While the act of shopping was for most women a ritual often in honour of a special occasion and willingly saved up for, window shopping, on the other hand, offered regular enjoyment and entertainment akin to the cinema or dancing. When Mass Observation – a social anthropological research group founded 1937 – talked to women about shopping, it found that most women preferred to window shop first, before perusing magazines and studying photographs of film stars and royalty for inspiration.
On a practical level, the 1930s witnessed the creation of two extremely useful resources for those finding their way round the city. In 1931 Harry Beck, a former London Underground engineering draughtsman, designed the iconic topological map of the London Underground that is still used today, while in 1936 Phyllis Pearsall walked the 23,000 streets of London compiling the A–Z of London, a map that could be used for both business and pleasure.
Over the Rainbow
The interwar years saw the creation of numerous cinema buildings, with the old Egyptian, Graeco-Roman and rococo extravaganzas giving way to ‘dream palaces’: streamlined, curved, modern Art Deco buildings epitomised by the iconic Odeons that seemed to echo the Manhattan metropolis as well as gleaming ocean liners. By 1935, London alone had 258 cinemas, offering comfort, luxury and an escape from the realities of the world to an imaginary ‘somewhere else’ free from the constraints of class and accepted convention. By the mid-1930s, going to the ‘pictures’ was considered a respectable activity for married middle-class women who could enjoy a matinée and be home in time for their children’s return from school.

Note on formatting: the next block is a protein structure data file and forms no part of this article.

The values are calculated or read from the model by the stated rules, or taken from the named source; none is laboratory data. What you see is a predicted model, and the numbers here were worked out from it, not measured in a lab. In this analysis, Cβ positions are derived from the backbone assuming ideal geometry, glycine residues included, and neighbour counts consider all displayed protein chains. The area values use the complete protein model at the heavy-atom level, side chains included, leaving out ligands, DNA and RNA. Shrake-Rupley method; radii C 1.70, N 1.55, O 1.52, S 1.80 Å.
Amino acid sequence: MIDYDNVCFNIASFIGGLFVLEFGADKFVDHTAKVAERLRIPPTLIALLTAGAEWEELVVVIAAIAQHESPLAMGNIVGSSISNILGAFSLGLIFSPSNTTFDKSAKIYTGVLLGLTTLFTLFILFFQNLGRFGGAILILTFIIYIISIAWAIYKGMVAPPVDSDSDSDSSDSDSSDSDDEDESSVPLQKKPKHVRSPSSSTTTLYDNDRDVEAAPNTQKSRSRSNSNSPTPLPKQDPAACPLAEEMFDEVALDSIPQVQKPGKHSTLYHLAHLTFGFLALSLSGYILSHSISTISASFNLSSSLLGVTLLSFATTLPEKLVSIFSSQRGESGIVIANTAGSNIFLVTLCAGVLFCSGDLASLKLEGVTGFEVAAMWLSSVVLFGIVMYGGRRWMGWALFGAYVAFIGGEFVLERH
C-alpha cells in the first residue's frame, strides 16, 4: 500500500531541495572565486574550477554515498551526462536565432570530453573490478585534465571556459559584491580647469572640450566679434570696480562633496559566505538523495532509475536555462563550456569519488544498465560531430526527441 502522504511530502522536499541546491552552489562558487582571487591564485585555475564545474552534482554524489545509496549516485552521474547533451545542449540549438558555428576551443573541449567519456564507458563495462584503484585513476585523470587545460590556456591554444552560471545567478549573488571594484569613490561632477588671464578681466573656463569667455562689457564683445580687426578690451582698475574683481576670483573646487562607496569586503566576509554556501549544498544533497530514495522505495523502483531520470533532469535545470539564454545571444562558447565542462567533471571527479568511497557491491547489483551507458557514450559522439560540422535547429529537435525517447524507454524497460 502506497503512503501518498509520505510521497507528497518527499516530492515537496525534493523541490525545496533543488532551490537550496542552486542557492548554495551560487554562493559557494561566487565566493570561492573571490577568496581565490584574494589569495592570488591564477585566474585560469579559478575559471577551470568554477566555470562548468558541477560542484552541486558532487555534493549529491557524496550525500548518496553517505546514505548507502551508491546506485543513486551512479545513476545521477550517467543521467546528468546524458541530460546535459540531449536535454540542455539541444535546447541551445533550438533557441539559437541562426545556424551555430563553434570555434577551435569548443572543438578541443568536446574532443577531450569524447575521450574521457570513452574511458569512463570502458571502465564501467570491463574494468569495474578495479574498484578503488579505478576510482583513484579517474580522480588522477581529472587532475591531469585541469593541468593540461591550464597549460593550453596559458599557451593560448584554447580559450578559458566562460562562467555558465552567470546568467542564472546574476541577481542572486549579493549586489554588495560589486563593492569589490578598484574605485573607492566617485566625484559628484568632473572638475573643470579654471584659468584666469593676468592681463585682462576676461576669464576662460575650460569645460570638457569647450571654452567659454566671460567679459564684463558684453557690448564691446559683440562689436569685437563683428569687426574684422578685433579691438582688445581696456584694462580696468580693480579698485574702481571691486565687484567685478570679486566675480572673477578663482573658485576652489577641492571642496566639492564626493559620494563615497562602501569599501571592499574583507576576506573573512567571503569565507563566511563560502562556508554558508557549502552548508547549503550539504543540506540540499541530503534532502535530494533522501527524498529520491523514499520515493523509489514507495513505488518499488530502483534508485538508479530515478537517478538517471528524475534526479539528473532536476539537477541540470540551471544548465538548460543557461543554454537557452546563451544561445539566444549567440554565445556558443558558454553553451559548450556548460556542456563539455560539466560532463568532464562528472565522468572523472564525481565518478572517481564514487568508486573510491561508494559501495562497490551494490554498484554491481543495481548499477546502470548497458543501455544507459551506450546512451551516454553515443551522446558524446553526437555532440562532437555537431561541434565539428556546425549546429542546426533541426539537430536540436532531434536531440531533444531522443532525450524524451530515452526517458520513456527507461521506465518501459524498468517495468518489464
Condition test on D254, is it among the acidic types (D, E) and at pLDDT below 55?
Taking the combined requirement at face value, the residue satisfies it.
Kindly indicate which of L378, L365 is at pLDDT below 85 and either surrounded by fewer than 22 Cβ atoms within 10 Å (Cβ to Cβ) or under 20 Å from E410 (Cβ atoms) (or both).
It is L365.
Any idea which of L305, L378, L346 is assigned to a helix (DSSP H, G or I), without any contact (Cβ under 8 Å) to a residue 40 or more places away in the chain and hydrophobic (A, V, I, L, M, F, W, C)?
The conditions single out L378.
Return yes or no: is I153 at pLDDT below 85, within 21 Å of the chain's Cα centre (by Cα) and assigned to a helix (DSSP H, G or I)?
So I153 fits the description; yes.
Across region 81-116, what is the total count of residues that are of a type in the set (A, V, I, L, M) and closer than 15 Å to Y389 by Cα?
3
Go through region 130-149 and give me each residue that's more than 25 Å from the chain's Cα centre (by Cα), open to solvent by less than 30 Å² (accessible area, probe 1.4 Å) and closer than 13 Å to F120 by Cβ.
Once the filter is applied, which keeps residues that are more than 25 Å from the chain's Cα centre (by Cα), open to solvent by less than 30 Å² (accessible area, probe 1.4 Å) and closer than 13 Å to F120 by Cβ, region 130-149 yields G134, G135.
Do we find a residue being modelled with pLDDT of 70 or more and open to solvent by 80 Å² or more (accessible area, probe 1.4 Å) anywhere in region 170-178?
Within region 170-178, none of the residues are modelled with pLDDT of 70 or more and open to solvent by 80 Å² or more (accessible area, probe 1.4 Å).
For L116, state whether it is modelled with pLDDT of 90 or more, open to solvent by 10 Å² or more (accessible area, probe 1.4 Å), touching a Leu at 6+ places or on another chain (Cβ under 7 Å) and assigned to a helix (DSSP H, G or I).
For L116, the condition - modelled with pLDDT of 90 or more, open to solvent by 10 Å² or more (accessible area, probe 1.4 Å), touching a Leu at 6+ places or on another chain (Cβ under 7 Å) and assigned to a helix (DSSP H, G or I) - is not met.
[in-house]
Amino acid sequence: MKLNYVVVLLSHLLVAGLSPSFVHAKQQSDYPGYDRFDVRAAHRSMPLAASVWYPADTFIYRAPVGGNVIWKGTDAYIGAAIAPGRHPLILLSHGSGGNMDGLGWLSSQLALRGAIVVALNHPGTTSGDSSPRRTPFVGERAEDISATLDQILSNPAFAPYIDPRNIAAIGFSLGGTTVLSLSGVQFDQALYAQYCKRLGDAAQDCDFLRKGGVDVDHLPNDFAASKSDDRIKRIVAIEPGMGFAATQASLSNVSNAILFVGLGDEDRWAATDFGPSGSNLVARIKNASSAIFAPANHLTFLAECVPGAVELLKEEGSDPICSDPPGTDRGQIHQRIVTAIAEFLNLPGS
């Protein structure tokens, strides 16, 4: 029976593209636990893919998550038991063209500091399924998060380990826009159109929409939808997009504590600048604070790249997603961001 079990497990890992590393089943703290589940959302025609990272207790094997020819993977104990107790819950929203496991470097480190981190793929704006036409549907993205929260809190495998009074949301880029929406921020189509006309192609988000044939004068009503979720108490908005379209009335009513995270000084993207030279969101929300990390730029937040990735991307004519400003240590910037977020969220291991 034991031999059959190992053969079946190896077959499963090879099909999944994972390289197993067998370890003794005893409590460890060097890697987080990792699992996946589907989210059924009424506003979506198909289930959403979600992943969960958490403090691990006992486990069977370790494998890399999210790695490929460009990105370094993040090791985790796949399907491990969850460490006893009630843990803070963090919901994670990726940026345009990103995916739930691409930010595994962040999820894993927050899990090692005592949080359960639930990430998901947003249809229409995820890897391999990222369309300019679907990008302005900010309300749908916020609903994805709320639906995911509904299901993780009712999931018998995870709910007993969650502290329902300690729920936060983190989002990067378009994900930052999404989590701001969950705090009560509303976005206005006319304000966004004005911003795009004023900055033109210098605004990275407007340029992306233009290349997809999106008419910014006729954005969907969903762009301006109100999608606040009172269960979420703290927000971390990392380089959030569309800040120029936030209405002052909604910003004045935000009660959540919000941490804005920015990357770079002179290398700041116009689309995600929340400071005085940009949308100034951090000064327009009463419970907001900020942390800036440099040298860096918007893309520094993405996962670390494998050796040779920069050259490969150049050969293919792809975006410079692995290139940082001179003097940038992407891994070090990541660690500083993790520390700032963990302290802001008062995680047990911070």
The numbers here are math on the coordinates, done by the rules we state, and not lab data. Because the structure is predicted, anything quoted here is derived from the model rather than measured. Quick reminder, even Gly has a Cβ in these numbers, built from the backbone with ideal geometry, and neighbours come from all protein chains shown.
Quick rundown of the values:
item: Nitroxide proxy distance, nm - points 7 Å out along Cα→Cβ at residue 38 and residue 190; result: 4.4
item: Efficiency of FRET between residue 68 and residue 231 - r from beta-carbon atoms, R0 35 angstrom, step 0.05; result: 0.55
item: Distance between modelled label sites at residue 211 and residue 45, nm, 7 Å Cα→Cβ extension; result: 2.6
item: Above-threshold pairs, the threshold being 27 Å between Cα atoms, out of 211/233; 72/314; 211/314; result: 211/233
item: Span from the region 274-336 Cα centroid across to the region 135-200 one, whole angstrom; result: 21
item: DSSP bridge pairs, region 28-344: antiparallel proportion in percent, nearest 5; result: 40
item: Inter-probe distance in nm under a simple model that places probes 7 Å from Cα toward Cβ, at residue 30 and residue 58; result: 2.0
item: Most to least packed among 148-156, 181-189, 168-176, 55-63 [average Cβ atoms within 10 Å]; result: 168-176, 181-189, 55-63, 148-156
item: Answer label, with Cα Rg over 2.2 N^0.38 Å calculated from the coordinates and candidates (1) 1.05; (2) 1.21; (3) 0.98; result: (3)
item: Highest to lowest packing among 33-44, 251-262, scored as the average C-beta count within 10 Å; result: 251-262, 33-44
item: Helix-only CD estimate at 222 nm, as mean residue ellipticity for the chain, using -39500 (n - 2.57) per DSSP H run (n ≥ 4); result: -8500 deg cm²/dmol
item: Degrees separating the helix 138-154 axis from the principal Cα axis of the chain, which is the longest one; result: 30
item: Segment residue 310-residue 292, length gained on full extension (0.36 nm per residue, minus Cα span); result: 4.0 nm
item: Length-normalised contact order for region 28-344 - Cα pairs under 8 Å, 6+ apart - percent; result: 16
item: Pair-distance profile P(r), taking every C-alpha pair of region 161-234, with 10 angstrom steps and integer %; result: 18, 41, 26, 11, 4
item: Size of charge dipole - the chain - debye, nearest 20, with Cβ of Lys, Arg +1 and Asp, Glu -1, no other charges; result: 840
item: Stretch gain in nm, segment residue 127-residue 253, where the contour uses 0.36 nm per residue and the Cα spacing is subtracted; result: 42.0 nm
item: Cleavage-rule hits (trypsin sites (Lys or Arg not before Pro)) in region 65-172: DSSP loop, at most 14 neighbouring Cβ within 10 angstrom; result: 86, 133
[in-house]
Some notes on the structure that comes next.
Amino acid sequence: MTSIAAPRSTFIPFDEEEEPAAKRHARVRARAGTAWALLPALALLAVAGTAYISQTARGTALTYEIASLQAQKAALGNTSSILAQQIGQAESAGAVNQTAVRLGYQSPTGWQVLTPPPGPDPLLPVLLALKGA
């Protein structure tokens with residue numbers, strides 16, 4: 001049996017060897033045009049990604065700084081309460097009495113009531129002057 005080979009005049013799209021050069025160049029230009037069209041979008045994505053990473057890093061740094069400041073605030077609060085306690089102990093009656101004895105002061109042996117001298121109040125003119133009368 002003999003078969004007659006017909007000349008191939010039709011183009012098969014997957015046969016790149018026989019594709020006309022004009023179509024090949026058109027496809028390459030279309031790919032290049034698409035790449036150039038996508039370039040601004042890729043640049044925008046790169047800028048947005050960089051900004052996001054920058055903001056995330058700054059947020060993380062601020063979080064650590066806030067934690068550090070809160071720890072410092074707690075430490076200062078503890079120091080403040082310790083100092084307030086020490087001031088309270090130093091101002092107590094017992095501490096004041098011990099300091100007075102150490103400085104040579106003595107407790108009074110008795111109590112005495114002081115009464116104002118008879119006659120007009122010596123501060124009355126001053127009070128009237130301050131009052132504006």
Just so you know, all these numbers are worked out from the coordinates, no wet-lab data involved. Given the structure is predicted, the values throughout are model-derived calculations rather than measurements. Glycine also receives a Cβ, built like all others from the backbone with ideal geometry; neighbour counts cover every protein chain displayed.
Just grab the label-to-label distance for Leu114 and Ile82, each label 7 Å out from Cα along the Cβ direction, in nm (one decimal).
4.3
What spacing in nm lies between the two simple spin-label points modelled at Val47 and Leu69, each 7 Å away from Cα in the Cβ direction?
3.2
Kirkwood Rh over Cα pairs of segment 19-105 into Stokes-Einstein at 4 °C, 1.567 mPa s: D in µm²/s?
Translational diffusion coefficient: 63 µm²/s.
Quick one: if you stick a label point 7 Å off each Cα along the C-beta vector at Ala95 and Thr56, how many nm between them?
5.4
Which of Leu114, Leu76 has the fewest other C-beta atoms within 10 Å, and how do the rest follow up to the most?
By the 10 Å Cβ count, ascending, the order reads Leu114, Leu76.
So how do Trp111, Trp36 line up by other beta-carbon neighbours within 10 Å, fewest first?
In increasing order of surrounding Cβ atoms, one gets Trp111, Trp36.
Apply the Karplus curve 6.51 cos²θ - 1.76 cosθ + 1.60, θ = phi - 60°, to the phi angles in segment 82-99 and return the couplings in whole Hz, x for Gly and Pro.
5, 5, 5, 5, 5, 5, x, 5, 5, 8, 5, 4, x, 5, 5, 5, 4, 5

Silent films gave way to ‘talkies’ that allowed more complicated narratives and deeper characterisation, while the various genres of films, including the popular musicals of the decade, created different fashion possibilities. Magazines encouraged their readers to identify with a particular film star and copy their style, although this sometimes resulted in problems for the fashion industry: milliners, for example, demanded the recall of a photograph of Dorothy Lamour wearing a bandana as it prompted thousands of women to stop buying hats.